Automotive

Published on September 9th, 2019 | by Hammer

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WM Motor is being sued by Geely Motor for espionage  

Zhejiang Geely Holding Group Co., China’s largest carmaker and the company that owns Proton is suing electric vehicle startup company, WM Motor for violating business secrets and Geely Motors is demanding a whopping 2.1 billion yuan (USD294 million) in compensation from a startup that might just end being a ‘closedown’ after this IP lawsuit is over.

Shanghai High People’s Court is scheduled to start hearing the case on September 17 this year. WM Motor, responding to media reports on the lawsuit, denied Geely’s charges in a statement last week and said it has strong confidence in winning the case in court.

The lawsuit was filed in 2018 by Geely Group, along with its research institute, against WM Motor and three of WM Motor’s subsidiaries: an assembly plant in the east China city of Wenzhou, its Shanghai-based mobility provider and an EV sales company.

WM Motor was incorporated in Shanghai in 2016. Its founder, Freeman Shen, and two other senior executives previously worked for Geely Group. Lu Bin, WM Motor’s co-founder and senior vice president, became vice president of Geely Automobile Holdings, Geely Group’s Hong Kong-listed subsidiary, in 2013.

Shen joined Geely Group in 2009 and became vice president in charge of overseas acquisitions. He was appointed China president of Volvo Car Corp. after Geely Group acquired the Swedish carmaker from Ford Motor Co. in 2020.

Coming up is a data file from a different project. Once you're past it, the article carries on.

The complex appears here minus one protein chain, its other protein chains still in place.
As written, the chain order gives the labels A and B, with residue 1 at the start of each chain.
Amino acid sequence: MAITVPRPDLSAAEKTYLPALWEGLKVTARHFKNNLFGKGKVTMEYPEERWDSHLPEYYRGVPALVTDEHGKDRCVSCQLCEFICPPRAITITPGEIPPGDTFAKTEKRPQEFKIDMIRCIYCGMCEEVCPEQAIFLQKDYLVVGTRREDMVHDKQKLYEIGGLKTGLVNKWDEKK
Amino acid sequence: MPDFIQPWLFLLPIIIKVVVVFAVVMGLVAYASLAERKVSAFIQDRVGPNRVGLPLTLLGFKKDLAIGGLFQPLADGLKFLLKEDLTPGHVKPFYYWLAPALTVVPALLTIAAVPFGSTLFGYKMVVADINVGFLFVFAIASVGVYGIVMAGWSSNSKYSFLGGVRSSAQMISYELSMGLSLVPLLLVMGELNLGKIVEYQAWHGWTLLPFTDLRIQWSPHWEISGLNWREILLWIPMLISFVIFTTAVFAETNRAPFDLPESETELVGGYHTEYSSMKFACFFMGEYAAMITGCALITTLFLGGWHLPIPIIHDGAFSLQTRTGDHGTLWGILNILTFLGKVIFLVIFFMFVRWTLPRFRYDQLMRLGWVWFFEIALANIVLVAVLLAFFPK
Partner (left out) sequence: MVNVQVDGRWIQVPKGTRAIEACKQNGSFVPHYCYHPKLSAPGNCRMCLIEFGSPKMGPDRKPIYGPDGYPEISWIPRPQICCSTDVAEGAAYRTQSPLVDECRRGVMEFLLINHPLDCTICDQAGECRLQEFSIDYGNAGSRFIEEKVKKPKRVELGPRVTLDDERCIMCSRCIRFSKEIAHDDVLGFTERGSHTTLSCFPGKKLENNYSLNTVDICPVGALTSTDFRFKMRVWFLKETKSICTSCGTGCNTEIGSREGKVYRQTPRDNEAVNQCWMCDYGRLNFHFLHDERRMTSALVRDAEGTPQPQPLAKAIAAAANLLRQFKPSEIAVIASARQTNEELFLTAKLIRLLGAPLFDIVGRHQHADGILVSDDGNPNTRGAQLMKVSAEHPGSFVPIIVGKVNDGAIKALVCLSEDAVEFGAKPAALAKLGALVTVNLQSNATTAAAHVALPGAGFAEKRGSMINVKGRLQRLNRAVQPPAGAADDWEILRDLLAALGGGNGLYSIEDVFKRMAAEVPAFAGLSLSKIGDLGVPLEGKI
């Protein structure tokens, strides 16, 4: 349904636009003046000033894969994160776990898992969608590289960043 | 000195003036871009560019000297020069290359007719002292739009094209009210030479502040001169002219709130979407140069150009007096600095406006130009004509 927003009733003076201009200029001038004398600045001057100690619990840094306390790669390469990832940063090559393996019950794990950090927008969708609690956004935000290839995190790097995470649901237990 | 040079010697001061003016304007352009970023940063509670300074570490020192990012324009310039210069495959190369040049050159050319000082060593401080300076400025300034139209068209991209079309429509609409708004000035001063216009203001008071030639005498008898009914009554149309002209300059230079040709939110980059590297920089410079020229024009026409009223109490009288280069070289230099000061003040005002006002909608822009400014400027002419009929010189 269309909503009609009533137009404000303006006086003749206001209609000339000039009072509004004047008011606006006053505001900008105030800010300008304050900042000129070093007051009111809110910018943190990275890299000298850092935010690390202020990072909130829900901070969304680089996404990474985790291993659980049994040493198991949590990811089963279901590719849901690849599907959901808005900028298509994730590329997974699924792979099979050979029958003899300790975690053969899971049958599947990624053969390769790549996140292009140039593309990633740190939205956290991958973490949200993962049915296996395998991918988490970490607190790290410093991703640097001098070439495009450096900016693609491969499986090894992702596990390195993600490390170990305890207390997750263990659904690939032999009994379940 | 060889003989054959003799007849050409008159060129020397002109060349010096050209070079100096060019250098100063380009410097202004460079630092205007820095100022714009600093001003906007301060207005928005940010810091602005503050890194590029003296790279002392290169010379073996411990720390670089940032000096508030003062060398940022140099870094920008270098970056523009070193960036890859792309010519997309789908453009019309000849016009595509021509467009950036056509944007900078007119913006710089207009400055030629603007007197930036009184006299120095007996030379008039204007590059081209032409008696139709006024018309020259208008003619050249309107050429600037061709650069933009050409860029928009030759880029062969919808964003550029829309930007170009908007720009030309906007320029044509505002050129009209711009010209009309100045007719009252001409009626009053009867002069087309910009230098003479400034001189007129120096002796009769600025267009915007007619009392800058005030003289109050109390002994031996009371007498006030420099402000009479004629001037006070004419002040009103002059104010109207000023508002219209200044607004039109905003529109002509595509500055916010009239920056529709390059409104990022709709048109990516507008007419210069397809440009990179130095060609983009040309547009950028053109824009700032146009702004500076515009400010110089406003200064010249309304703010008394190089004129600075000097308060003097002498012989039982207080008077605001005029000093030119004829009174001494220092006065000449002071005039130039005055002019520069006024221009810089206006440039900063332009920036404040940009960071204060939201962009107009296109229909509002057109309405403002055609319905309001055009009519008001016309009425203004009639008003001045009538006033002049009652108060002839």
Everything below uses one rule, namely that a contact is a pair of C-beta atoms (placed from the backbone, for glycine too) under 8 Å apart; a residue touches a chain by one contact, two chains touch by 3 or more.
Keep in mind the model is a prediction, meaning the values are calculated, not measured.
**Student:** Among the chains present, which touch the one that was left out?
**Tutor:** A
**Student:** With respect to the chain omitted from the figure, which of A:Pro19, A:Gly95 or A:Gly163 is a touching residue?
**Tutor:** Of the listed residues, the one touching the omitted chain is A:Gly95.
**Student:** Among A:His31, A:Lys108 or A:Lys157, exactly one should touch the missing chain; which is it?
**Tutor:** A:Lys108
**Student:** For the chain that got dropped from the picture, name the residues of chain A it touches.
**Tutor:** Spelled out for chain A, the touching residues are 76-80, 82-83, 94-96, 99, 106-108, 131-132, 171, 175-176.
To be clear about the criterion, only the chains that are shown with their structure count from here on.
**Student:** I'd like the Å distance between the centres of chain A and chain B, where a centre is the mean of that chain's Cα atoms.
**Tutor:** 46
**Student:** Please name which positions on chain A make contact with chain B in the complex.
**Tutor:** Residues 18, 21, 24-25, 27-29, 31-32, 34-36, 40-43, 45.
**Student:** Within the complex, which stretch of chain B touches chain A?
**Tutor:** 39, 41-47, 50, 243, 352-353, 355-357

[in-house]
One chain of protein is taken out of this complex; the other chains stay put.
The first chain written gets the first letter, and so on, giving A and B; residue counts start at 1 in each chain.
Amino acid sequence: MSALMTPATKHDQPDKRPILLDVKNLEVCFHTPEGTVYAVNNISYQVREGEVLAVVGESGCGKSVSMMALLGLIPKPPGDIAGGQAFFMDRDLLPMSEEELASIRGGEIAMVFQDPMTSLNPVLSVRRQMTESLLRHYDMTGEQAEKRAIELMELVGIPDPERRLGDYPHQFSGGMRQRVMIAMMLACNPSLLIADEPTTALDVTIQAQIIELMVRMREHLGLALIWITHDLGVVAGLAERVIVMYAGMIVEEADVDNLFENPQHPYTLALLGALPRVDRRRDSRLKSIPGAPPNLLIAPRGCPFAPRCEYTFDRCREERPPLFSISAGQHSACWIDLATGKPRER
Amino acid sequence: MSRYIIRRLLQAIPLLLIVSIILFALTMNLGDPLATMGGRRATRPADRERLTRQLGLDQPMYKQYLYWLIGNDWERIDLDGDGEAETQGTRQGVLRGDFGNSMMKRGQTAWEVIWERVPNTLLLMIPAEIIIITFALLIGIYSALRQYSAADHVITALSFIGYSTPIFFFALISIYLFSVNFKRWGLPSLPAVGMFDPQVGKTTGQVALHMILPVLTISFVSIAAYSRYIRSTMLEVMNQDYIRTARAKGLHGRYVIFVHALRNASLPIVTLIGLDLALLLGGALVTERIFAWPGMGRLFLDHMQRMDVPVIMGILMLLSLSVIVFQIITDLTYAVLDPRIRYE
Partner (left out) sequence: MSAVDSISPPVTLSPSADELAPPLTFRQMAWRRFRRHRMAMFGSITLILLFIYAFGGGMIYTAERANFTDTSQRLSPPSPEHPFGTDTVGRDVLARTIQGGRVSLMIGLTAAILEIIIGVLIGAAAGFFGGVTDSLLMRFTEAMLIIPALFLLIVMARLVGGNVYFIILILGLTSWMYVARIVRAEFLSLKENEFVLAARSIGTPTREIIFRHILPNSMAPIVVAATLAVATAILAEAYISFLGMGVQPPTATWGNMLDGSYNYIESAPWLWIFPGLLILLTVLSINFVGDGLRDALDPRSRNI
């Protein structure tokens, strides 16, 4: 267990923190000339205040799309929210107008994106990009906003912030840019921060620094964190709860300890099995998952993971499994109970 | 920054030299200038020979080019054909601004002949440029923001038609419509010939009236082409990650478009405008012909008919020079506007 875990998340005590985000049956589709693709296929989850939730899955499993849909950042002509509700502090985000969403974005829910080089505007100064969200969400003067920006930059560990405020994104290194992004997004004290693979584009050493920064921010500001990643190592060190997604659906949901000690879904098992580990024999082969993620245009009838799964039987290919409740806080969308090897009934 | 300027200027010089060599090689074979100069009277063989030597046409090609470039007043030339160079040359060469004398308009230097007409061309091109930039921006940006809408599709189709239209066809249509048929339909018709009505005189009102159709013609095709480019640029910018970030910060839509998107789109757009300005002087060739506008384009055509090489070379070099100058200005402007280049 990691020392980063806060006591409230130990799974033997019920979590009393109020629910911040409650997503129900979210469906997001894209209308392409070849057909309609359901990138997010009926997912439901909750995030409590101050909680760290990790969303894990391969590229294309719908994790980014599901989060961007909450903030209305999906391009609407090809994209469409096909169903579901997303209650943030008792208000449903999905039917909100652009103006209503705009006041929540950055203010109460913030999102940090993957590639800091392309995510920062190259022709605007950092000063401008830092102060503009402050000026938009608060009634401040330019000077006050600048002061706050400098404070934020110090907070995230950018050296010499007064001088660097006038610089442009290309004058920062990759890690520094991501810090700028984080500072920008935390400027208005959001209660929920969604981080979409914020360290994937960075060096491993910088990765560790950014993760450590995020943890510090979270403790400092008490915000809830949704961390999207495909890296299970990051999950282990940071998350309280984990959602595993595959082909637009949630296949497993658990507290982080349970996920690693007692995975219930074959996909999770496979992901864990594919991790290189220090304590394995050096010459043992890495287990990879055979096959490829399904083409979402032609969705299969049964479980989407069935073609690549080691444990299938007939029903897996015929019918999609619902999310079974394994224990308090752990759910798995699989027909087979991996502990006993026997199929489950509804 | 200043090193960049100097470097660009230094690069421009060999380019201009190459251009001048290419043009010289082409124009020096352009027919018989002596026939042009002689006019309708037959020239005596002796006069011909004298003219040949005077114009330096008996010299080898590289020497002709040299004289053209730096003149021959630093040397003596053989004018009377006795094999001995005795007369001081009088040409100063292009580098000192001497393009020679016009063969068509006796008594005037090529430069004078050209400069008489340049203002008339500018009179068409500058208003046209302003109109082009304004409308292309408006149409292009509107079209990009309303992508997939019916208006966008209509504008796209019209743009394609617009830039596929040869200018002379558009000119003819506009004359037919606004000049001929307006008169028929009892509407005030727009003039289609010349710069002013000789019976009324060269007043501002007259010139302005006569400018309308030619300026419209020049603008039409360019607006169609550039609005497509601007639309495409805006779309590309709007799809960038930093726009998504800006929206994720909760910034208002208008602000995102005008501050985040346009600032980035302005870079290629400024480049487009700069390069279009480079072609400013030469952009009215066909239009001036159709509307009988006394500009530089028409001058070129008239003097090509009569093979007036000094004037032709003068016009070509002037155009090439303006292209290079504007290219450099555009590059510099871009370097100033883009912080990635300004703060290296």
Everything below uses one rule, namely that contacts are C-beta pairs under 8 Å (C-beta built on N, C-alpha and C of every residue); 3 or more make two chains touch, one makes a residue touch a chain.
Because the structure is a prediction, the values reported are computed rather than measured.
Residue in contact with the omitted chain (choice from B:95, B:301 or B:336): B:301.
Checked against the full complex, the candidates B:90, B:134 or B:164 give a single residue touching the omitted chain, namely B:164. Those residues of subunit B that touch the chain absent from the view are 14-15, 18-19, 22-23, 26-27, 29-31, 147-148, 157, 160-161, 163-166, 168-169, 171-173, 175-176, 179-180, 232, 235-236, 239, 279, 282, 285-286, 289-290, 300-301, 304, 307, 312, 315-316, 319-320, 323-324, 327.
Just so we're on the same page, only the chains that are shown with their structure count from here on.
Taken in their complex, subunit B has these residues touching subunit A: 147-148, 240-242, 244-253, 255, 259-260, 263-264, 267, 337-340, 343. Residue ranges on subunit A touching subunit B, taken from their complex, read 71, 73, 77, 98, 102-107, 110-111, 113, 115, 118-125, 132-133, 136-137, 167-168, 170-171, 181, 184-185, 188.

In March 2019, Electric vehicle maker Weltmeister Motor (WM Motor) closed its RMB 3 billion (around USD450 million) Series C led by Baidu, which seeks to increase its self-driving advantages in the country’s EV consumption boom.

NOTE: Baidu has been upping its efforts in driving technologies that have application potential in public transport. In January the company announced that it would launch 100 self-driving taxis in Changsha, the capital city of central Chinese province Hunan, by year-end. The vehicles will operate on 130 miles of city roads equipped with its V2X (vehicle-to-everything) technology.

Baidu CEO Robin Li stated during the company’s fiscal year 2018 earnings call in February that its autonomous driving platform, Apollo, had been granted a license for driving tests in more than 50 provinces and municipalities in the country. “Apollo has garnered over 135 OEMs, Tier 1 parts suppliers, and other strategic partners to date.”

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